Elizabeth Corrie, general editor
Common English Bible, 2015, 1,600 pp., $29.99

For many youth, reading the Bible may not only be confusing due to its complexities but can be frustrating when trying to seek answers. Written in easy-to-understand language, the CEB Student Bible helps connect students with the biblical world and their own by engaging them in discussion questions and activities, prayers and reflections written by young people such as themselves, and articles that handle difficult topics. This Bible lifts up issues rather than ignoring them.

Each book begins with an overview, key themes, tips for reading, and quick facts. The first overview no doubt will catch the attention of a teen as it compares the Book of Genesis to an R-rated movie, giving insight to the Garden of Eden, Cain’s murder of his brother, Noah’s drunkenness following the flood, and Jacob marrying a pair of sisters. “Talk about dysfunctional families,” it states. The reader is pulled in by the ability to relate to the imperfections of biblical figures with present times and situations.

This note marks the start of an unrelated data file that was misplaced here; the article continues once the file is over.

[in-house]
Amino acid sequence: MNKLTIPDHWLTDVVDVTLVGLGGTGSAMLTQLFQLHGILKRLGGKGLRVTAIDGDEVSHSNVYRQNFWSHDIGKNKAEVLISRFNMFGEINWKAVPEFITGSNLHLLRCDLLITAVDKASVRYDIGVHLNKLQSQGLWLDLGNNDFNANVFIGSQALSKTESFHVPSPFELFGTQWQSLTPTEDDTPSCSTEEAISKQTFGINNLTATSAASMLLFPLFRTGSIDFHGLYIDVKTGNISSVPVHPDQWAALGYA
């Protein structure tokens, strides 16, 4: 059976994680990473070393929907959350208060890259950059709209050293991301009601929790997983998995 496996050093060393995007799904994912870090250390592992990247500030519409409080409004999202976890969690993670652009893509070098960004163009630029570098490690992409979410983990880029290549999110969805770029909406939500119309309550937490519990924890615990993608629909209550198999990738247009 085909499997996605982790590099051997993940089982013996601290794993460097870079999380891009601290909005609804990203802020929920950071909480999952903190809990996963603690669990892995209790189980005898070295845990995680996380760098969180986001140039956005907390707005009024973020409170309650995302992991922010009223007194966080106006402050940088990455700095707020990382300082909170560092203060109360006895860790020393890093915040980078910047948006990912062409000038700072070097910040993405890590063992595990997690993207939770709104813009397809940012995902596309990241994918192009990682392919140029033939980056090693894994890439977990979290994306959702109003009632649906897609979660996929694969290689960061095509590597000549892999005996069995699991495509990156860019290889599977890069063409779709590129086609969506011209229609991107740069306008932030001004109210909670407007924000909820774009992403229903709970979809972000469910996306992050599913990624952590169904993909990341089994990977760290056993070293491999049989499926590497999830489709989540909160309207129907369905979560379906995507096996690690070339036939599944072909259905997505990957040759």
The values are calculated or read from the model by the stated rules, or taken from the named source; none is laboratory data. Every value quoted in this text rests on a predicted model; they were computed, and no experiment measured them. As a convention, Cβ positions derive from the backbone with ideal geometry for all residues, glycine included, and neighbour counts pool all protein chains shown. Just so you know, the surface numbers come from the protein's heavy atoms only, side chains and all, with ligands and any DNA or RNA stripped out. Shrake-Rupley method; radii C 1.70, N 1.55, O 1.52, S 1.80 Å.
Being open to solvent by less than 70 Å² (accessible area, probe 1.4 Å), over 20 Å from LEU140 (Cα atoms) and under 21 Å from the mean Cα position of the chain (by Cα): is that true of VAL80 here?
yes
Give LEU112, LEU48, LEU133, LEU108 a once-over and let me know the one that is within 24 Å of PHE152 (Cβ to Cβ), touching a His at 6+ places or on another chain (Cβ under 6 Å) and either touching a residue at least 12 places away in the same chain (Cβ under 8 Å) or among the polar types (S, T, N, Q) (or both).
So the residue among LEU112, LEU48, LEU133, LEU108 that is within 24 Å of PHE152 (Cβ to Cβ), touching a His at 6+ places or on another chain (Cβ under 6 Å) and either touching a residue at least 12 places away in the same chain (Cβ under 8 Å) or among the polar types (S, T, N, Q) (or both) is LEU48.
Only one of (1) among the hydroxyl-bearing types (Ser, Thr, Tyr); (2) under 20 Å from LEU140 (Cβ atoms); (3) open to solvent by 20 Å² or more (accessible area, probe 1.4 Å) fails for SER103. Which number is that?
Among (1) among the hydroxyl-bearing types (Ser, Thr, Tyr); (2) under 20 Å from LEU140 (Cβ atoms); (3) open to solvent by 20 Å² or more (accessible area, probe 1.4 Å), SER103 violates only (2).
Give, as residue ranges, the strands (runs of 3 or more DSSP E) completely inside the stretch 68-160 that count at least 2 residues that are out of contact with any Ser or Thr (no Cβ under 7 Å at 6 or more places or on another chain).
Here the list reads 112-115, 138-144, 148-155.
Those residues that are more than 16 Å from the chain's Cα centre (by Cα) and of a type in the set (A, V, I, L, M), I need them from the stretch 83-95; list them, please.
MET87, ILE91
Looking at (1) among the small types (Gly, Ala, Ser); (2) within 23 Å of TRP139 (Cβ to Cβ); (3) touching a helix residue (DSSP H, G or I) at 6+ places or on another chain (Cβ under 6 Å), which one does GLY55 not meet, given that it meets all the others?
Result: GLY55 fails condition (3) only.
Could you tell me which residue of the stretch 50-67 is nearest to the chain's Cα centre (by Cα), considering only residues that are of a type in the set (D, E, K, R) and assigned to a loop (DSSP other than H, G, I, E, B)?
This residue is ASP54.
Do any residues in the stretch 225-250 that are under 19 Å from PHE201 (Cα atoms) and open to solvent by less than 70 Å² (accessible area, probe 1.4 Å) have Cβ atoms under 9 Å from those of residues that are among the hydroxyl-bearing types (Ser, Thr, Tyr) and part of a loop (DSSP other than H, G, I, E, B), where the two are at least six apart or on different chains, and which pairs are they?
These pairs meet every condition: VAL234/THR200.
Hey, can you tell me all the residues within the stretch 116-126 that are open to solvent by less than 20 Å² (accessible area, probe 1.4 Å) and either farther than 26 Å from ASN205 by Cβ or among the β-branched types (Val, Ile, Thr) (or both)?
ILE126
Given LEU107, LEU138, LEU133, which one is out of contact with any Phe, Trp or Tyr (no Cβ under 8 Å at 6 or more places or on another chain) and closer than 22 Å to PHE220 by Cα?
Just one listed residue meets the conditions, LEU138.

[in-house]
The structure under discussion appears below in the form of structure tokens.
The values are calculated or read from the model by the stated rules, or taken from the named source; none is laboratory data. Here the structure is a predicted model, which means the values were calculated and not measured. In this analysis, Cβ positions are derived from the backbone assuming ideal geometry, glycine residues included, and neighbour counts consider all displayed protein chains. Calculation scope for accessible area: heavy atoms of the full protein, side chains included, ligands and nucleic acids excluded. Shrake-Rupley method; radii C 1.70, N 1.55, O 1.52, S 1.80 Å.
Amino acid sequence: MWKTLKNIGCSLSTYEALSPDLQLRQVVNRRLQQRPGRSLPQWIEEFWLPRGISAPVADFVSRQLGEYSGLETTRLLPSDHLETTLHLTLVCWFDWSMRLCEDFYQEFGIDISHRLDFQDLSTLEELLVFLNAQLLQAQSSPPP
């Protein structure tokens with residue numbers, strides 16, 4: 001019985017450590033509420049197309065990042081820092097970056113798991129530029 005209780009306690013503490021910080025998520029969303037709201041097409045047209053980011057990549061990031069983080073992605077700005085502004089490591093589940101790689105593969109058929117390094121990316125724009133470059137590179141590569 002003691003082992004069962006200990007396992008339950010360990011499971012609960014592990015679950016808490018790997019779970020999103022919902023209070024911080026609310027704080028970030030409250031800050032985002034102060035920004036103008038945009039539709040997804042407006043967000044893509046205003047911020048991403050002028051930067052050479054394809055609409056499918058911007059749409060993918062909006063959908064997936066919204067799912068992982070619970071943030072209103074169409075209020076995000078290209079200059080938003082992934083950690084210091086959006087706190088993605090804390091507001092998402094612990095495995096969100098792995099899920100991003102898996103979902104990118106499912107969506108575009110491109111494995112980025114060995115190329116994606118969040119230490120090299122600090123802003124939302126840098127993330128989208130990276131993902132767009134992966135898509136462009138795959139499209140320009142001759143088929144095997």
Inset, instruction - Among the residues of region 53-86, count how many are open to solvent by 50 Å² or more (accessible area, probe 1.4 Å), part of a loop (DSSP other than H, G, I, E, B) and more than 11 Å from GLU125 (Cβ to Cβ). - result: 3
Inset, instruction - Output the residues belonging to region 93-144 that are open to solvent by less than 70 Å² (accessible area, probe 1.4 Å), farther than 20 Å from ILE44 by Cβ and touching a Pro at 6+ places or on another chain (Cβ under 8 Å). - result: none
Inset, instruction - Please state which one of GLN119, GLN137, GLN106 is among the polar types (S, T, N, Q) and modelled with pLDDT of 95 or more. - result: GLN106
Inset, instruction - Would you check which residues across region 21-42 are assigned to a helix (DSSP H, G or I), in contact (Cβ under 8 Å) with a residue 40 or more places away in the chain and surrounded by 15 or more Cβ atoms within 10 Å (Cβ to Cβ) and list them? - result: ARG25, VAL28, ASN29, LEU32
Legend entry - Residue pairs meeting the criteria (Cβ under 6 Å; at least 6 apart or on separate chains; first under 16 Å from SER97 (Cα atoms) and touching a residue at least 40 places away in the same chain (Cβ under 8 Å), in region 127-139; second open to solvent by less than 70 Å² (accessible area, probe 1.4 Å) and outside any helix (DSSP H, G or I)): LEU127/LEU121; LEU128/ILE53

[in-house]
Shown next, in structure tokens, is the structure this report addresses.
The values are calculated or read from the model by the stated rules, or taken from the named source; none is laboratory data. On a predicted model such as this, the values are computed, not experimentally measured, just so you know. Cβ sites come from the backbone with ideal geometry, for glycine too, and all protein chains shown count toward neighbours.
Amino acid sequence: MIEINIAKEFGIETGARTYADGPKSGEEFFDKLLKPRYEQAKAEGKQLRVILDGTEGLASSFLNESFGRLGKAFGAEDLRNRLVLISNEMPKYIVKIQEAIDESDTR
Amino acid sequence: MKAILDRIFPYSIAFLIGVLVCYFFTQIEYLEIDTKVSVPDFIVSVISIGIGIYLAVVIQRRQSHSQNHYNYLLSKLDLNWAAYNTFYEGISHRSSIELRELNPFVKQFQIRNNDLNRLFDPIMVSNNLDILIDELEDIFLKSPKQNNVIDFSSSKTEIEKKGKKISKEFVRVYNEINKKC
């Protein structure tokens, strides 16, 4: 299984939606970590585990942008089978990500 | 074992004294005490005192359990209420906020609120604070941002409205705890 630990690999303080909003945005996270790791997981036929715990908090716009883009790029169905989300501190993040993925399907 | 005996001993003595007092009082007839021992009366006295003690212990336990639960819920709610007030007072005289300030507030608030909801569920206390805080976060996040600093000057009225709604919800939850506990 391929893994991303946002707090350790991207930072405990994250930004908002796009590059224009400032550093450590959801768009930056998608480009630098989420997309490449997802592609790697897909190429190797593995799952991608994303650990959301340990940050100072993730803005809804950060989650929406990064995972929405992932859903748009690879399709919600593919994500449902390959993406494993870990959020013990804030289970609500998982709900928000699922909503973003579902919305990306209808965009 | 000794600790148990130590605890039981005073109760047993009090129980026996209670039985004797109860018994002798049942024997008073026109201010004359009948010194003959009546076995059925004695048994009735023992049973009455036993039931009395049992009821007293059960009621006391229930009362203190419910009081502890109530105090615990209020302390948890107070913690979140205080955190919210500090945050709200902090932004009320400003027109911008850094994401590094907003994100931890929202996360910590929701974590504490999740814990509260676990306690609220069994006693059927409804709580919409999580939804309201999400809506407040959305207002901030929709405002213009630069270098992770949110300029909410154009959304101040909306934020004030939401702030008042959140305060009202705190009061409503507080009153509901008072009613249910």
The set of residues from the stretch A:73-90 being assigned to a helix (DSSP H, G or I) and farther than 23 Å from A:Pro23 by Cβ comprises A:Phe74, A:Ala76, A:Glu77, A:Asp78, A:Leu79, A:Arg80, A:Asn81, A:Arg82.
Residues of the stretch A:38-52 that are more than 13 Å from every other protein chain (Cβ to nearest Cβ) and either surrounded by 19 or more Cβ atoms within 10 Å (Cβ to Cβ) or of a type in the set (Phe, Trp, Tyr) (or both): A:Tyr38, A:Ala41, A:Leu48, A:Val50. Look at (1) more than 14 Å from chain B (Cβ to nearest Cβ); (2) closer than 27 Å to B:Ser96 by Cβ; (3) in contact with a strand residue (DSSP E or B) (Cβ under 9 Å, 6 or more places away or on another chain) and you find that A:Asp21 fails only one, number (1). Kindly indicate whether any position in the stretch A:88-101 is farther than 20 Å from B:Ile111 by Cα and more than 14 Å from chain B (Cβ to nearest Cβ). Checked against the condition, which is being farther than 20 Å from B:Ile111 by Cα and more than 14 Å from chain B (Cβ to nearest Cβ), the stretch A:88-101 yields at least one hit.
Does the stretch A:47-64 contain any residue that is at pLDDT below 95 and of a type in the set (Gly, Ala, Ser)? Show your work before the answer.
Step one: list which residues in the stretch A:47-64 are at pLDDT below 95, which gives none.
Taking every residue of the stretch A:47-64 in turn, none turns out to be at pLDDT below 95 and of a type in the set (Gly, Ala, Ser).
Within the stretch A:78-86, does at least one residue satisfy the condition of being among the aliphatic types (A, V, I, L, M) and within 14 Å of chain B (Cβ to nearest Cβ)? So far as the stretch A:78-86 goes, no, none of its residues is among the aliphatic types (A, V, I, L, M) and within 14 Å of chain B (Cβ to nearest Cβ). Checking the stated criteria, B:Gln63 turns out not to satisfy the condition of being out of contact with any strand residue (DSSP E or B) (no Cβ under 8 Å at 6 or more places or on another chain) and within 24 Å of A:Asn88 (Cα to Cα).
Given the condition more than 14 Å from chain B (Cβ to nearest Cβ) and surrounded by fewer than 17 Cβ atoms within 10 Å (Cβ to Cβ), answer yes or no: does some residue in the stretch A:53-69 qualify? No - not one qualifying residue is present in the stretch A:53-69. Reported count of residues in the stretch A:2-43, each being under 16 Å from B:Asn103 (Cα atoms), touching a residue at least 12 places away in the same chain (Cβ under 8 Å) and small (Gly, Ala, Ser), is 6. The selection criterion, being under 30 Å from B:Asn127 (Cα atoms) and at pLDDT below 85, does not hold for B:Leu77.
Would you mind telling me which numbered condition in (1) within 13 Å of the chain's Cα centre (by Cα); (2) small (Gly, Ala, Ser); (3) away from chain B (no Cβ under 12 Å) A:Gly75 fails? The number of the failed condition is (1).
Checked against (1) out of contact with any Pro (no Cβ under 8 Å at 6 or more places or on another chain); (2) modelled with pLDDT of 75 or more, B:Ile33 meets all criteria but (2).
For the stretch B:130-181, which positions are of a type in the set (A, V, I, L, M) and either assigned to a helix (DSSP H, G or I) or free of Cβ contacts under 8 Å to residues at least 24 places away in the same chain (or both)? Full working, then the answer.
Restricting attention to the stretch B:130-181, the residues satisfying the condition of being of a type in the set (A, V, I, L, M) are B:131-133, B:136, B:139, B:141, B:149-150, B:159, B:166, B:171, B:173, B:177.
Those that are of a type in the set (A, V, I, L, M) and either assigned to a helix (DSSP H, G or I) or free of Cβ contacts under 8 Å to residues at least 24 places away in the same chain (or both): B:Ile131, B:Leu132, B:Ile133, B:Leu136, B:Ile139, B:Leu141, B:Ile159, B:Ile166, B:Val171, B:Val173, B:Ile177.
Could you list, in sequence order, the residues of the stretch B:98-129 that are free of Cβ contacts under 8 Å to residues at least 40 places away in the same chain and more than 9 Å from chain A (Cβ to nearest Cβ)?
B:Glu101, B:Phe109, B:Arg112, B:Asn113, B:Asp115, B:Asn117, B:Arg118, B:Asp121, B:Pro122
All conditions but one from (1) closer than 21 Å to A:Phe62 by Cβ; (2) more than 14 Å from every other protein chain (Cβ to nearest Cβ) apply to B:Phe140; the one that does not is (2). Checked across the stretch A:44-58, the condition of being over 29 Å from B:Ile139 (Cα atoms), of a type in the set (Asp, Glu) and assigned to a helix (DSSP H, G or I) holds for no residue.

Short captions break down chapters, making the content clear at a quick glance. For instance, Matthew 19 highlights “Teaching about divorce,” “Jesus blesses children,” “A rich man’s question,” and “Teaching about giving up things.”

A brief summary concludes each book and allows the reader to wrestle with the concepts presented. Questions and creative suggestions help students understand the stories in a way they can love God and others more deeply. A section on lectio divina, or divine reading, allows for meditation and being open to listening to what God is saying.

If you’re searching for a Bible that will draw youth not only to read God’s Word but also form a deeper spiritual connection, the CEB Student Bible is your answer as it “mirrors how young people talk, read, and write with their friends.” Because youth are a part of its composition, the effectiveness and impact is enhanced.

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